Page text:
numpy.memmap advice?

sturlamolden sturlamolden at
Thu Feb 19 01:23:32 CET 2009

On 18 Feb, 00:08, Lionel < at> wrote:

> 1) What is "recarray"?

An ndarray of what C programmers know as a "struct", in which each
field is accessible by its name.

That is,

struct rgba{
  unsigned char r;
  unsigned char g;
  unsigned char b;
  unsigned char a;

struct rgba arr[480][640];

is similar to:

import numpy as np
rbga = np.dtype({'names':list('rgba'), 'formats':[np.uint8]*4})
arr = np.array((480,640), dtype=rgba)

Now you can access the r, g, b and a fields directly using arr['r'],
arr['g'], arr['b'], and arr['a'].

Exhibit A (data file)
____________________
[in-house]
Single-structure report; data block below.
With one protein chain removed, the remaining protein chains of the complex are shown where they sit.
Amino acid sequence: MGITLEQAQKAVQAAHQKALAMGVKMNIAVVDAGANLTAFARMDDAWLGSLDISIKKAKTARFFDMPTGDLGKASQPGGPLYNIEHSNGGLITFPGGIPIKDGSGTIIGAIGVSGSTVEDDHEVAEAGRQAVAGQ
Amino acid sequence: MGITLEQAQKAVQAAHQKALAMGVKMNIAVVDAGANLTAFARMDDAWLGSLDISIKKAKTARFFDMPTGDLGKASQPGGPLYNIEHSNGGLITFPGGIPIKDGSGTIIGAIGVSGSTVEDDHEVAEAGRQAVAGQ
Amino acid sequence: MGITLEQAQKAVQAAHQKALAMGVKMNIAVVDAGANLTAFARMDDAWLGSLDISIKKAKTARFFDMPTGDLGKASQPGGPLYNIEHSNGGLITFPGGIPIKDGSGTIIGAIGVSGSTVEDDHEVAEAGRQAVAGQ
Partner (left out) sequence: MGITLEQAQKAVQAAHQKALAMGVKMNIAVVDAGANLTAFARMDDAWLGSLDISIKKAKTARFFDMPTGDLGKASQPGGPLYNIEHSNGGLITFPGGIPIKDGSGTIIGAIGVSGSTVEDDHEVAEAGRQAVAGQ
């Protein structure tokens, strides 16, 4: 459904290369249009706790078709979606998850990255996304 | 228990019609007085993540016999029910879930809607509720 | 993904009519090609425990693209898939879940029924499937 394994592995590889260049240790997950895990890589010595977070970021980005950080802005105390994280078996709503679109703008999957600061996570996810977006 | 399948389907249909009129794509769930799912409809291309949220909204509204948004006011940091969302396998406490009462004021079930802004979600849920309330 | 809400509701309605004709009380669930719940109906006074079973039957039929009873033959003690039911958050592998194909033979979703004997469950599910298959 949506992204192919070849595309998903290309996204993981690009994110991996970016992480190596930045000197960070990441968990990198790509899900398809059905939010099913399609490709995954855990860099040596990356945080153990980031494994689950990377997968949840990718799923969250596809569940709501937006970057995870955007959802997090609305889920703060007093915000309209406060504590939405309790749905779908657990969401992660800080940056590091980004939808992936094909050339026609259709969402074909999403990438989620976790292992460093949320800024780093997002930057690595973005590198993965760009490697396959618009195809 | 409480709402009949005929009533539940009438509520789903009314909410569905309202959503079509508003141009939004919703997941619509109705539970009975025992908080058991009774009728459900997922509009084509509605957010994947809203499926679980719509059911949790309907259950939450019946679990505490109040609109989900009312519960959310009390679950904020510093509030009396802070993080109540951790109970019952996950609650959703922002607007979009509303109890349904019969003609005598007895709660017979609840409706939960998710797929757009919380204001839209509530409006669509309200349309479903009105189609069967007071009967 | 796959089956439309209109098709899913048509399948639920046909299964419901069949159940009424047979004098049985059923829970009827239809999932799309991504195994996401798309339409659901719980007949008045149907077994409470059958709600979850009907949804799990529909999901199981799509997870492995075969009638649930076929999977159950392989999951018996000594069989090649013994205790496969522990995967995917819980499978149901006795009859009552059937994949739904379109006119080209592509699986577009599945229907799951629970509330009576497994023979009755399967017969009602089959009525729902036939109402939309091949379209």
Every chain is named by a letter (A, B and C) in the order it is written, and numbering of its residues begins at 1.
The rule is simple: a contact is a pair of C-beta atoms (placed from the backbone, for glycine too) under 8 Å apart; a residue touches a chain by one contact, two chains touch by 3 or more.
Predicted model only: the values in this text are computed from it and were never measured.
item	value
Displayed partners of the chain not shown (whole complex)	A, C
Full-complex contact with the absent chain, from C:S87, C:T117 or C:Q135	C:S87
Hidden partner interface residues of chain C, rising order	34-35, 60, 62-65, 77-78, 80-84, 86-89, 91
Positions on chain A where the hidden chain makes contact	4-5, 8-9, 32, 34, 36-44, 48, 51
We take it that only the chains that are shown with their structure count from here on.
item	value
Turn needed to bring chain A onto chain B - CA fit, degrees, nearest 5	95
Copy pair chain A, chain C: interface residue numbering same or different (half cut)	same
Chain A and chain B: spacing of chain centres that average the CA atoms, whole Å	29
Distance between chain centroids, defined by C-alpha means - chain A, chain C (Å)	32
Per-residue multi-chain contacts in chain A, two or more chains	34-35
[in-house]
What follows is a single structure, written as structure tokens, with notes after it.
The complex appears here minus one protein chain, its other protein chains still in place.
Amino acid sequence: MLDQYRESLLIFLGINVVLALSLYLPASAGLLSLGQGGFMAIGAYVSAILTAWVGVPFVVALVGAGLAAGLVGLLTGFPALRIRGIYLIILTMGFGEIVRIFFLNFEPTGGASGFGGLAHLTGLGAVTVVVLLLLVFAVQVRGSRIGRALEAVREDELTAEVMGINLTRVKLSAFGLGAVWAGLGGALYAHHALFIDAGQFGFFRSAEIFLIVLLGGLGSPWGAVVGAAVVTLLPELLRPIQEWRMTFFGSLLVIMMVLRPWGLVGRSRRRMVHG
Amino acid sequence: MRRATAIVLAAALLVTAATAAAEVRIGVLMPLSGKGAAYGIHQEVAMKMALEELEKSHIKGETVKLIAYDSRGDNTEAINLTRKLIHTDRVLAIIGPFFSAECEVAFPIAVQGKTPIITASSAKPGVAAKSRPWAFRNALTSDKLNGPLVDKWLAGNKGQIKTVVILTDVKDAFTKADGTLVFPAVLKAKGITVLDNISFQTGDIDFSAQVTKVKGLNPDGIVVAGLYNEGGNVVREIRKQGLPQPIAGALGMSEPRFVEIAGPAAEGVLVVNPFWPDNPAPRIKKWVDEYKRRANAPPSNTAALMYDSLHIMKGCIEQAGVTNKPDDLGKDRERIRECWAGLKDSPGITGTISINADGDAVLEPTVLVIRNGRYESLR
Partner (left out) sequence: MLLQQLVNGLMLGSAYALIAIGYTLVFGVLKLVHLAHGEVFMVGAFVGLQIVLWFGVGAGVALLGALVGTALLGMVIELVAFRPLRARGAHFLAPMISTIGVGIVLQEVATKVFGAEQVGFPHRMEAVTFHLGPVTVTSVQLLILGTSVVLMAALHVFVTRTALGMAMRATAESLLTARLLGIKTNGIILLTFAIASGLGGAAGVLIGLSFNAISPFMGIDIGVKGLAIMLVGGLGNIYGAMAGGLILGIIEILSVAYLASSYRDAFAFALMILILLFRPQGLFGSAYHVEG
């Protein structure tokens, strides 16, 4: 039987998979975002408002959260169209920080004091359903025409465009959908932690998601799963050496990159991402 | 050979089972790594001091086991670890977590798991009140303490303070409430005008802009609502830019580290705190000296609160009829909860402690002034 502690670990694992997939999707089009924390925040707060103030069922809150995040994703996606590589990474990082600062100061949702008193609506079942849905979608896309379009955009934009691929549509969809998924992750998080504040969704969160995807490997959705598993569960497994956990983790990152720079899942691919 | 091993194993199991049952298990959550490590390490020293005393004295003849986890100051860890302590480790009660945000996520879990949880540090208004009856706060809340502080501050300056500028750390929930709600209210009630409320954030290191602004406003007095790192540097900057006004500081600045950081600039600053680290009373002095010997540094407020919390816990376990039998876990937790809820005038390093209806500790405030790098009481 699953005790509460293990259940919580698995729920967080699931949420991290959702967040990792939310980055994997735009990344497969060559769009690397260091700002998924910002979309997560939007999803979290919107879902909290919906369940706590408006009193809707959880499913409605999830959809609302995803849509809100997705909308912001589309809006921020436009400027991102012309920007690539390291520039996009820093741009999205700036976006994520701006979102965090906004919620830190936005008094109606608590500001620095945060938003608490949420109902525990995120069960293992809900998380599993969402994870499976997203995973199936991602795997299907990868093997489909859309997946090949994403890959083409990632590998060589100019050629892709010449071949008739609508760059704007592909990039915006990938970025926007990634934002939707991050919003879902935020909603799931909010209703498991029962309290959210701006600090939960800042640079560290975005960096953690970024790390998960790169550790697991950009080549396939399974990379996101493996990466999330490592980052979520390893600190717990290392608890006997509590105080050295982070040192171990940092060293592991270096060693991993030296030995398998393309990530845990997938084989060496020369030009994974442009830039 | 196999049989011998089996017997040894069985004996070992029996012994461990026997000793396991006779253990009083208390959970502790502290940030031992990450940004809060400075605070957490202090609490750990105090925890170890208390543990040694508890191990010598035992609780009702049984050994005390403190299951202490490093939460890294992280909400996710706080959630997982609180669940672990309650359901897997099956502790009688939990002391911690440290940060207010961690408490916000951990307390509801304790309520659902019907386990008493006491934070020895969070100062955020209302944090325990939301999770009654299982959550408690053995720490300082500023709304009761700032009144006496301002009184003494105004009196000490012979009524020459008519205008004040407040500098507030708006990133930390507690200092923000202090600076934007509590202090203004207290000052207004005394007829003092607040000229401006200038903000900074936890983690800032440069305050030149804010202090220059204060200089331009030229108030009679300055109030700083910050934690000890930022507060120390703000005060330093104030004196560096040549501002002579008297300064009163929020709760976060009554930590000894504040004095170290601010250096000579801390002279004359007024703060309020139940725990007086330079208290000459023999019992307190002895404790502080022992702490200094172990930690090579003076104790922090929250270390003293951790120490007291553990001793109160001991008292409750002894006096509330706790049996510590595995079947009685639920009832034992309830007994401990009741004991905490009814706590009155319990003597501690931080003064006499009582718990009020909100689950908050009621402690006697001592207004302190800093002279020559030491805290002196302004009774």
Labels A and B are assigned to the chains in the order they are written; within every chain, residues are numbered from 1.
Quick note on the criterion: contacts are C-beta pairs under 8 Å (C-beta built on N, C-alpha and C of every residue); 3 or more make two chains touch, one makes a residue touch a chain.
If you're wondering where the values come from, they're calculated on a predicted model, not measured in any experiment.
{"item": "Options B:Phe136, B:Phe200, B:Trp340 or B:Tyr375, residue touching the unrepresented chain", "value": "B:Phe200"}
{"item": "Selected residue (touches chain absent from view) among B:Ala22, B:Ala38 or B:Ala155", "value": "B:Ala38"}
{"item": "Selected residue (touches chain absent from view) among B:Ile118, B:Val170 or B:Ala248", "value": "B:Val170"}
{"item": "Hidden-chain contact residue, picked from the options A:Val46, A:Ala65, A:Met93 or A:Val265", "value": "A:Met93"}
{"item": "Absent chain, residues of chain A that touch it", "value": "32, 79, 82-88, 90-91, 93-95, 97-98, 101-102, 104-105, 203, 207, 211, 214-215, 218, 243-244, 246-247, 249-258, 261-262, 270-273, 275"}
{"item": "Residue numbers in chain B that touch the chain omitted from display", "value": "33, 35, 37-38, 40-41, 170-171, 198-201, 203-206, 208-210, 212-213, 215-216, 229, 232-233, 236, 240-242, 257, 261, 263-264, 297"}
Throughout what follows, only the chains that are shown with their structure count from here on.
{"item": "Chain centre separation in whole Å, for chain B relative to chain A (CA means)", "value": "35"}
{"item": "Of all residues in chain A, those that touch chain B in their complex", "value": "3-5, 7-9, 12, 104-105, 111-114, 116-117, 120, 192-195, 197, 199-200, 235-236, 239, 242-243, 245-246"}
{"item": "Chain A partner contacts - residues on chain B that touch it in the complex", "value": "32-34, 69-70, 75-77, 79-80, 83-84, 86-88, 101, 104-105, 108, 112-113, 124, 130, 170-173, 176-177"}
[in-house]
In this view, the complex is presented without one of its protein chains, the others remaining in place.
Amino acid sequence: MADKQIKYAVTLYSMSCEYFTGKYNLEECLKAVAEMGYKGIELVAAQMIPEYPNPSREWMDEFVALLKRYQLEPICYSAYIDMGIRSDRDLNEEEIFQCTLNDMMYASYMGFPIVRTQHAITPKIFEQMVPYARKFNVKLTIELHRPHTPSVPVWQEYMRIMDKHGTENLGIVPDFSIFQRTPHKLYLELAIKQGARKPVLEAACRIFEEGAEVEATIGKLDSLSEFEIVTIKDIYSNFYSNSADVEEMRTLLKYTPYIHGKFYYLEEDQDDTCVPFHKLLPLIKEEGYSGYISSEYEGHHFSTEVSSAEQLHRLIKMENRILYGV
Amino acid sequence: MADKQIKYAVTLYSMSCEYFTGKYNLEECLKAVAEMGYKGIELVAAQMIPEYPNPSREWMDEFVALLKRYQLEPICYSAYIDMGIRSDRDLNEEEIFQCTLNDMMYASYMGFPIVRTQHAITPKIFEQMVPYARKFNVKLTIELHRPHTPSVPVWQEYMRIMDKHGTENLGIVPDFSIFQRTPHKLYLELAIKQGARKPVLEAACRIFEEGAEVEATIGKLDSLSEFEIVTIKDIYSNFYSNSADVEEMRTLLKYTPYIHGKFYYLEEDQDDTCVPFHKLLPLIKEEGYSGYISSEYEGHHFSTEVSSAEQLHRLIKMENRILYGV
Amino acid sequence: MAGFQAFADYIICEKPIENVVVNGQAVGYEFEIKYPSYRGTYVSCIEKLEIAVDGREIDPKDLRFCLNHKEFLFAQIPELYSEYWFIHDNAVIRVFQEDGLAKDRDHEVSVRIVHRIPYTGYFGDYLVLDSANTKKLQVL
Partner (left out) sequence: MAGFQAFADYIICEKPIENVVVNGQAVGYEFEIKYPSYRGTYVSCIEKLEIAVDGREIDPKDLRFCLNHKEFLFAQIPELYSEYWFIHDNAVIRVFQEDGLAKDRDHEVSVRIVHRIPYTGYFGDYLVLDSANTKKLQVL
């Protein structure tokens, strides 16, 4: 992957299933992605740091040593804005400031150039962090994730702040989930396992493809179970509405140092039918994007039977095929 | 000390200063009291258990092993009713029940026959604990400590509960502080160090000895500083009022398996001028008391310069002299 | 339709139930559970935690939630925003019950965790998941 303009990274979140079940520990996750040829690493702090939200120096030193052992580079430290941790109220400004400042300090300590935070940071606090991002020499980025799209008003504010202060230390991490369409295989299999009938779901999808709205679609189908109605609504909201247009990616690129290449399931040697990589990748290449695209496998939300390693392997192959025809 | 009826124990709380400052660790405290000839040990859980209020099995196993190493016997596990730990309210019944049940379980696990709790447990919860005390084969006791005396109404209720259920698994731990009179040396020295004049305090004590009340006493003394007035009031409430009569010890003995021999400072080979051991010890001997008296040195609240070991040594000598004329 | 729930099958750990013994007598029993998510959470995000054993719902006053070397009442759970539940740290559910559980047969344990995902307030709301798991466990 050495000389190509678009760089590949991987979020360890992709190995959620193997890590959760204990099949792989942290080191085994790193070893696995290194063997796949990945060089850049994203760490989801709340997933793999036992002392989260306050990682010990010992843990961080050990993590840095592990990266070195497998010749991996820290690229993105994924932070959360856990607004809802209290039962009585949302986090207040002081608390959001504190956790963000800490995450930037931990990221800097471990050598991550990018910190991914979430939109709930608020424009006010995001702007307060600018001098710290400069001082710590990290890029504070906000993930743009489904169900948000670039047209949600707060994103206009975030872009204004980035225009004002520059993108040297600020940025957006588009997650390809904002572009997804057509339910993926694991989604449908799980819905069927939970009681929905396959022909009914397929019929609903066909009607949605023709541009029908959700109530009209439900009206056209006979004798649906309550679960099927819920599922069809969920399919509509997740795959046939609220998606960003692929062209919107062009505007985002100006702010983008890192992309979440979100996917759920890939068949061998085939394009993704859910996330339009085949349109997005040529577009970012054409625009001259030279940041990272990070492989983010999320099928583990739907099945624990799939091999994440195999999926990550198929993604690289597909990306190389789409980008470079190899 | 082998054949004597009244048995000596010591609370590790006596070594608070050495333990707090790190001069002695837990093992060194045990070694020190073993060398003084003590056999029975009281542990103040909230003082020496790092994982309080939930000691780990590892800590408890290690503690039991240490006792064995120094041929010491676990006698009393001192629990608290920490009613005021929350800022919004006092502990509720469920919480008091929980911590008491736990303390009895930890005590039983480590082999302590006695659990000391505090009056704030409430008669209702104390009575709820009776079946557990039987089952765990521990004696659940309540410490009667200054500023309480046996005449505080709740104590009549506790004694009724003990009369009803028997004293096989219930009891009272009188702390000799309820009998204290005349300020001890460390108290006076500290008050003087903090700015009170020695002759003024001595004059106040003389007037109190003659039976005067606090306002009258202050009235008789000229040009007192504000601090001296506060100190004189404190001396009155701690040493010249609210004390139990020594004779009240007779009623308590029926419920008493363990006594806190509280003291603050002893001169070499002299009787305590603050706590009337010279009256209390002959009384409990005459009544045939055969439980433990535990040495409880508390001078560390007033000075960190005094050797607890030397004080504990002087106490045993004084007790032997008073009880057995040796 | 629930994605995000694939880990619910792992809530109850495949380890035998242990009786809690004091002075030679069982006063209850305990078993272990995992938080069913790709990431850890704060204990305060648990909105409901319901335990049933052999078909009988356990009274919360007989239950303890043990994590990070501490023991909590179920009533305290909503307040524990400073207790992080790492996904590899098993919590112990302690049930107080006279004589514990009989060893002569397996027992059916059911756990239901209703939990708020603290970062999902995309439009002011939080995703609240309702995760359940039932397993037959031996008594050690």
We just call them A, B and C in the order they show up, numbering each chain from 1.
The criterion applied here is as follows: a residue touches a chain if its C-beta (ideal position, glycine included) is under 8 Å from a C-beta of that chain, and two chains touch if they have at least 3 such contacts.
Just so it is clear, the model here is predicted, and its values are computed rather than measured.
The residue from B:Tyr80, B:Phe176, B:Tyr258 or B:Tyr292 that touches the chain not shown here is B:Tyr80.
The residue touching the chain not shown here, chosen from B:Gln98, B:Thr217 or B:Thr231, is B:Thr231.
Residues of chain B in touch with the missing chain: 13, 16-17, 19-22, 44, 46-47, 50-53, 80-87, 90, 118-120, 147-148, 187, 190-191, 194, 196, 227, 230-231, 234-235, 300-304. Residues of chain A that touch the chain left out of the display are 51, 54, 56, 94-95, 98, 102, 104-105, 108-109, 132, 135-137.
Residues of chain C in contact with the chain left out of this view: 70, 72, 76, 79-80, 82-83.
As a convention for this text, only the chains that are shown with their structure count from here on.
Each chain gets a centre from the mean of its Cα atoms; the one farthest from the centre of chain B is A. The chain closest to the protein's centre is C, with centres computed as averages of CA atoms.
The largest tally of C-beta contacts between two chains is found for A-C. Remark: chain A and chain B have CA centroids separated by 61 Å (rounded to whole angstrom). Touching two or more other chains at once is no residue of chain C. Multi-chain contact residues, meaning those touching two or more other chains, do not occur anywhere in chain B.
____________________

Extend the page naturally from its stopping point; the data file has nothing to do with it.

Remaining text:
Internally the data will be represented compactly as with the C code
above. If you want to view the data as an 480 x 640 array of 32 bit
integers instead, it is as simple as arr.view(dtype=np.uint32).
Formatted binary data can of course be read from files using
np.fromfile with the specified dtype, and written to files by passing
a recarray as buffer to file.write. You can thus see NumPy's
recarray's as a more powerful alternative to Python's struct module.

> I don't really see in the diocumentation how portions are loaded, however.

Prior to Python 2.6, the mmap object (which numpy.memmap uses
internally) does not take an offset parameter. But when NumPy are
ported to newer version of Python this will be fixed. You should then
be able to memory map with an ndarray from a certain offset. To make
this work now, you must e.g. backport mmap from Python 2.6 and use
that with NumPy. Not difficult, but nobody has bothered to do it (as
far as I know).

Sturla Molden

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